Last summer, while sitting at local haunt Brotherhood Nantucket, two 20-somethings swayed into the bar. The bartender immediately approached them with a round of unidentifiable shots. The duo took them like champs, and after a quick conversation, they took their surprisingly swift departure. This interaction — and a handful of follow-up trips to the Massachusetts vacation destination, which lies about 30 miles off Cape Cod — is how I learned about the Paul, a once-beloved local ritual that’s become the bane of some Nantucket bartenders.

The One True Paul

The Paul’s origins are a little wishy-washy, but the story traces back to the 1970s when a Nantucket bartender (you guessed it, Paul) allegedly visited some industry friends for a quick drink post-shift. As the act became habitual, bartenders began swapping his shots of hard alcohol for small tipples of beer in hopes of deterring Paul from getting more drunk. Paul remains a local legend, and his influence persists on the island in the form of an eponymous shot of beer.

One night at Cisco Brewers, my friends and I were rewarded for being the last patrons at the popular island brewery with its Last-Call Paul, or the traditional shot of beer. But some establishments have tweaked the Paul to suit their clientele: At seafood restaurant Or, The Whale, a Paul was delivered to me in the form of a shot of on-tap Truly, and I’ve heard rumors that some eateries really get the night going by swapping out a Paul’s low-ABV element for hard liquor. I didn’t experience that first-hand, but I can confirm that I didn’t actually order any of the Pauls I drank — they were simply put in front of me by local bartenders after they found out I work in the drinks industry.

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It turns out that the once-popular island tradition has gone back underground and returned to something of an industry handshake. After an increasing number of Nantucket visitors caught wind of the Paul over the years and spread the word, the ritual became more of a tourists-only treat. Now, bartenders feel like patrons are expecting a Paul, which has strayed very far from its (albeit blurry) roots.

The Pauls of the Past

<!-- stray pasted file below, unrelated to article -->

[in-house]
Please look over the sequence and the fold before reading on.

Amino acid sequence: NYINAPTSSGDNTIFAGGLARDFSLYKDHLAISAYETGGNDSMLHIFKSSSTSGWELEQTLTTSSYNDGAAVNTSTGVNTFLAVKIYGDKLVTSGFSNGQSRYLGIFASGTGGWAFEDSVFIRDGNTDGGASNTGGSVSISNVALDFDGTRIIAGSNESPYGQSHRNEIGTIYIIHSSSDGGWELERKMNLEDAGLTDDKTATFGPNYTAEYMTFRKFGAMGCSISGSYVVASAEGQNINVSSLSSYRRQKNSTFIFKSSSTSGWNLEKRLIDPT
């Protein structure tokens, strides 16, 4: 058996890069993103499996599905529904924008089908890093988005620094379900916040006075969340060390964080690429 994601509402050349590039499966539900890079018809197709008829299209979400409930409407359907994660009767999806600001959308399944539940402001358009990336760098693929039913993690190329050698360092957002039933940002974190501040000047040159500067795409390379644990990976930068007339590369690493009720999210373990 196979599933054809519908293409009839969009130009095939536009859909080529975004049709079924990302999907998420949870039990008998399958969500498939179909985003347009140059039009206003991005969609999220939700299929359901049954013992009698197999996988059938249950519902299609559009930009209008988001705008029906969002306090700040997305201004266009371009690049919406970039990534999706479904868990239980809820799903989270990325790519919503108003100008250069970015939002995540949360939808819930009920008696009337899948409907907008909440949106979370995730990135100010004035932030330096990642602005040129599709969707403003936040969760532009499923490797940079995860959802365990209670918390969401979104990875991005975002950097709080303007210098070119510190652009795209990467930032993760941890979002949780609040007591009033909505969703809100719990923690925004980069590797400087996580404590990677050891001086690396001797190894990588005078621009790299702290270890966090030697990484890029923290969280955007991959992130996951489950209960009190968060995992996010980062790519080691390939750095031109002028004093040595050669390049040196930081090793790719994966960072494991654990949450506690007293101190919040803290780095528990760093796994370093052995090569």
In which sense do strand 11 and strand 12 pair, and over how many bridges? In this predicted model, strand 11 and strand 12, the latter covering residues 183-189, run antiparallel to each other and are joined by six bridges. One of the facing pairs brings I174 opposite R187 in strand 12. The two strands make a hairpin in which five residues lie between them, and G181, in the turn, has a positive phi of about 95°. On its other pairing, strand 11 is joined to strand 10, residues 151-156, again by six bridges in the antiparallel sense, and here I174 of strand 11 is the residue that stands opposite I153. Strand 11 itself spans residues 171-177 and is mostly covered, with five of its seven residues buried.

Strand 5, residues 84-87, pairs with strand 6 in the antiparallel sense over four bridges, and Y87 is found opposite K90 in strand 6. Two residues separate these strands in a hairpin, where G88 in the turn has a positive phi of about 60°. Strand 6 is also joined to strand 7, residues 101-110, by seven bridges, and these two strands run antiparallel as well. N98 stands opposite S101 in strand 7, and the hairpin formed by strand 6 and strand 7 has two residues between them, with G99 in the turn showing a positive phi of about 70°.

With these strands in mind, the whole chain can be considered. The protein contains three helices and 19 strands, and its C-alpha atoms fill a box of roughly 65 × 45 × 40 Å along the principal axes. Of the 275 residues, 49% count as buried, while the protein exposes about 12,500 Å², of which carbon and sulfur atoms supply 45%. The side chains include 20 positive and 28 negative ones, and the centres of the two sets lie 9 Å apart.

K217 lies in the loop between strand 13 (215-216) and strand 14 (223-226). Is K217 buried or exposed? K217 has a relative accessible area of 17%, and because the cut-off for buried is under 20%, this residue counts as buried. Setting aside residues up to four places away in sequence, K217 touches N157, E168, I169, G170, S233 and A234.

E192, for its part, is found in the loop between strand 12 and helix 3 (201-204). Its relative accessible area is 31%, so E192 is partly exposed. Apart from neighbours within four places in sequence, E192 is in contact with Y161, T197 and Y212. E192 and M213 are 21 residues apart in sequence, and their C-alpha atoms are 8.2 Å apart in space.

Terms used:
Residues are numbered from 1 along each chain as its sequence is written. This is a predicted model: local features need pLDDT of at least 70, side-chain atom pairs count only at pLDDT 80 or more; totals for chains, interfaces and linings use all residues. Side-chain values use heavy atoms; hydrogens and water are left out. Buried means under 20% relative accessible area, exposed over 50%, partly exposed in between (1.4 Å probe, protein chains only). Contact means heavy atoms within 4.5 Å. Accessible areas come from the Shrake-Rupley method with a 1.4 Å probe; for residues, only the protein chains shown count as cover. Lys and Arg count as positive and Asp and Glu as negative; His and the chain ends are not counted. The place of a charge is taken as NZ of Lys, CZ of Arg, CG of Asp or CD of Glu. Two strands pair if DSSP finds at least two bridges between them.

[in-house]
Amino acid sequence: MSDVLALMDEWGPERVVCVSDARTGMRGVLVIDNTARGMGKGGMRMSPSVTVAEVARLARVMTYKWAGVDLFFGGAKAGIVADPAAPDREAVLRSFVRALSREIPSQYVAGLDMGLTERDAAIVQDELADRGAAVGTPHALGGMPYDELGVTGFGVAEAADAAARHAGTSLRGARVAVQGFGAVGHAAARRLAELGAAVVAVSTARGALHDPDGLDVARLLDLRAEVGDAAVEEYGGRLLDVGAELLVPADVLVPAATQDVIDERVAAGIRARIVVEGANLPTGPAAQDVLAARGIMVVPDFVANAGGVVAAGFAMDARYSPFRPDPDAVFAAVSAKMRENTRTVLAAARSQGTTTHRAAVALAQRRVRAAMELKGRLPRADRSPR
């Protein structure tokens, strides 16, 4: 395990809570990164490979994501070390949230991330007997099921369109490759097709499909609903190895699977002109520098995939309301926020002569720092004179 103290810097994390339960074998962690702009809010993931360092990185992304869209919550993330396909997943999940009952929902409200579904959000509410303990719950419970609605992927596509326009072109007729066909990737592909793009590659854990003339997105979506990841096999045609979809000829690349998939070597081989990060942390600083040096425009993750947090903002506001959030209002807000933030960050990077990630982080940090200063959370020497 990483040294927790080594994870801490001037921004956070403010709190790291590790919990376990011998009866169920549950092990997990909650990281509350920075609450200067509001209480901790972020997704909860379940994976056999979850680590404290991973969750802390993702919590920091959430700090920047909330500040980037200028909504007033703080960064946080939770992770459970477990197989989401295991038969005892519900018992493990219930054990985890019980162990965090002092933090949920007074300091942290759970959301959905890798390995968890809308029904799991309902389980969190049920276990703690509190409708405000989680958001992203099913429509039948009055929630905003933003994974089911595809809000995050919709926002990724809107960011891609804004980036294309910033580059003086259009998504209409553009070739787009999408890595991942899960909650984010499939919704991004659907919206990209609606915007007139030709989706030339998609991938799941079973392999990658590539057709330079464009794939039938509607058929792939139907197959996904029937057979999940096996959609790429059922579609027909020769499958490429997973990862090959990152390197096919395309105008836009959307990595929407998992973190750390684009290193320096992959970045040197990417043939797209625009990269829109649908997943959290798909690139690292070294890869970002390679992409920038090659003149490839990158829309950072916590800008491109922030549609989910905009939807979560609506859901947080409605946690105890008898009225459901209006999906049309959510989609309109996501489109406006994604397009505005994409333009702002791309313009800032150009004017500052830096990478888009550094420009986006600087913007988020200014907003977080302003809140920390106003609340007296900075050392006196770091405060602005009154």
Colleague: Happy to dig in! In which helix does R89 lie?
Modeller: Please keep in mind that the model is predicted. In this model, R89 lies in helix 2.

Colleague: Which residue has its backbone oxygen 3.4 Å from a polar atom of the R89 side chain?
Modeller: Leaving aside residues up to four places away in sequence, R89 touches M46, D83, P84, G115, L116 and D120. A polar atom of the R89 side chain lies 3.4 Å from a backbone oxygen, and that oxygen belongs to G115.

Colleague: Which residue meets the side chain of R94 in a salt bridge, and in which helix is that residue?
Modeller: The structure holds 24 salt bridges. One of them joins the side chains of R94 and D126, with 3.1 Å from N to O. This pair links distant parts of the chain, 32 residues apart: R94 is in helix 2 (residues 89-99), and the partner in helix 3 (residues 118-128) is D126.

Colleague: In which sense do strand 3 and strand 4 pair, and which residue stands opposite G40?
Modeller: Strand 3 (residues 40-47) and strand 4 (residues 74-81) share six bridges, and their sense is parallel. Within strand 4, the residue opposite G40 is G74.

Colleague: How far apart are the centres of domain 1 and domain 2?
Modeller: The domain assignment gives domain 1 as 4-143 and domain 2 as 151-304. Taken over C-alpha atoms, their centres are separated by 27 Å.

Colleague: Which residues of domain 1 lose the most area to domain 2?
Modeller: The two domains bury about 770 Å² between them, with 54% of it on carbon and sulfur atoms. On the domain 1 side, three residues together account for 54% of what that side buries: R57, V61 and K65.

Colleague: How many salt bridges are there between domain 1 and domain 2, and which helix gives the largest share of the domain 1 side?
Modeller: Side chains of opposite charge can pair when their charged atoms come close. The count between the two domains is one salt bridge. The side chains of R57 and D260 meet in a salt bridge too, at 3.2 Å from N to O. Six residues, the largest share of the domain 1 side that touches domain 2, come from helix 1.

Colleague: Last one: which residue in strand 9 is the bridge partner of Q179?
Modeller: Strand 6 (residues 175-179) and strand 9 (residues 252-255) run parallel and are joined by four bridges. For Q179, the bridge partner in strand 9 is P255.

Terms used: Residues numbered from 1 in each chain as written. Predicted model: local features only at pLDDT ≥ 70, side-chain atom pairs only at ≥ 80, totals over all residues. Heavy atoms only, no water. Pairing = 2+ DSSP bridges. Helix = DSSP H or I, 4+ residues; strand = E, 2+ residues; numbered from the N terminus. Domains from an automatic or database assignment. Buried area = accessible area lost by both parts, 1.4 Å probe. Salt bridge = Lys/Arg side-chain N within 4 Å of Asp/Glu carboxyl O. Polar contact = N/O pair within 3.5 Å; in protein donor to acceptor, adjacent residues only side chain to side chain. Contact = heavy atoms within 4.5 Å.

“In my experience, asking for a Paul is rare,” shares Garison Beale, general manager of Greydon Hotel Group and a longstanding Nantucket resident. “It’s a gesture that might be offered by the bartender if you leave a good tip or if they’re inclined, but I wouldn’t recommend requesting one.”

“Just like many ideas, it is always one thing that ruins it for everyone. Let me just say that after I kicked ‘Paul’ out, I reduced my weekly purchasing of Casamigos by 50 percent.”

Beale’s sentiments are echoed by bartenders who find it a nuisance that tourists feel they’re now in the know; many of them recall their own first meetings with Paul — the shot, not the man — which some say no longer feels as special. While chatting to a former year-round islander who asked to remain anonymous — that’s how polarizing Pauls have become — they shared: “I remember taking my first one, it was the first time I felt like I was part of the [food and beverage] scene on Nantucket.”

Justin Gonzalez, general manager of food and beverage for Faraway Hotels, shared a similar story. The first time he heard about the drink was when a local bartender asked him to go to a nearby watering hole to meet “Paul” for a quick drink. He quickly came to love the industry-specific practice — which, at the time, you needed to be in the hospitality world to take part in.

“Coming from New York, with lots of industry friends, it was very cool to see that this unspoken industry tradition was memorialized and standardized,” he says.

Paul’s Low-Key Future

Even though Gonzalez’s first memory was fond, he’s since decided not to offer it at Faraway Hotel’s Sister Ship restaurant, simply because of how popular it’s become.

“I attempted to have this be a part of our restaurant, but after running with it for one season, we decided to nix it,” he explained, adding that his short-lived version of a Paul was a shot of tequila. “Just like many ideas, it is always one thing that ruins it for everyone. Let me just say that after I kicked ‘Paul’ out, I reduced my weekly purchasing of Casamigos by 50 percent.”

Don’t get them wrong – Nantucket’s bartenders still want to serve you – and may even do a shot with you. Just don’t feel entitled to ask for a Paul, says Beale.

“Our island community has a strong, tight-knit hospitality industry, and receiving a Paul is a pleasant surprise rather than an expectation.”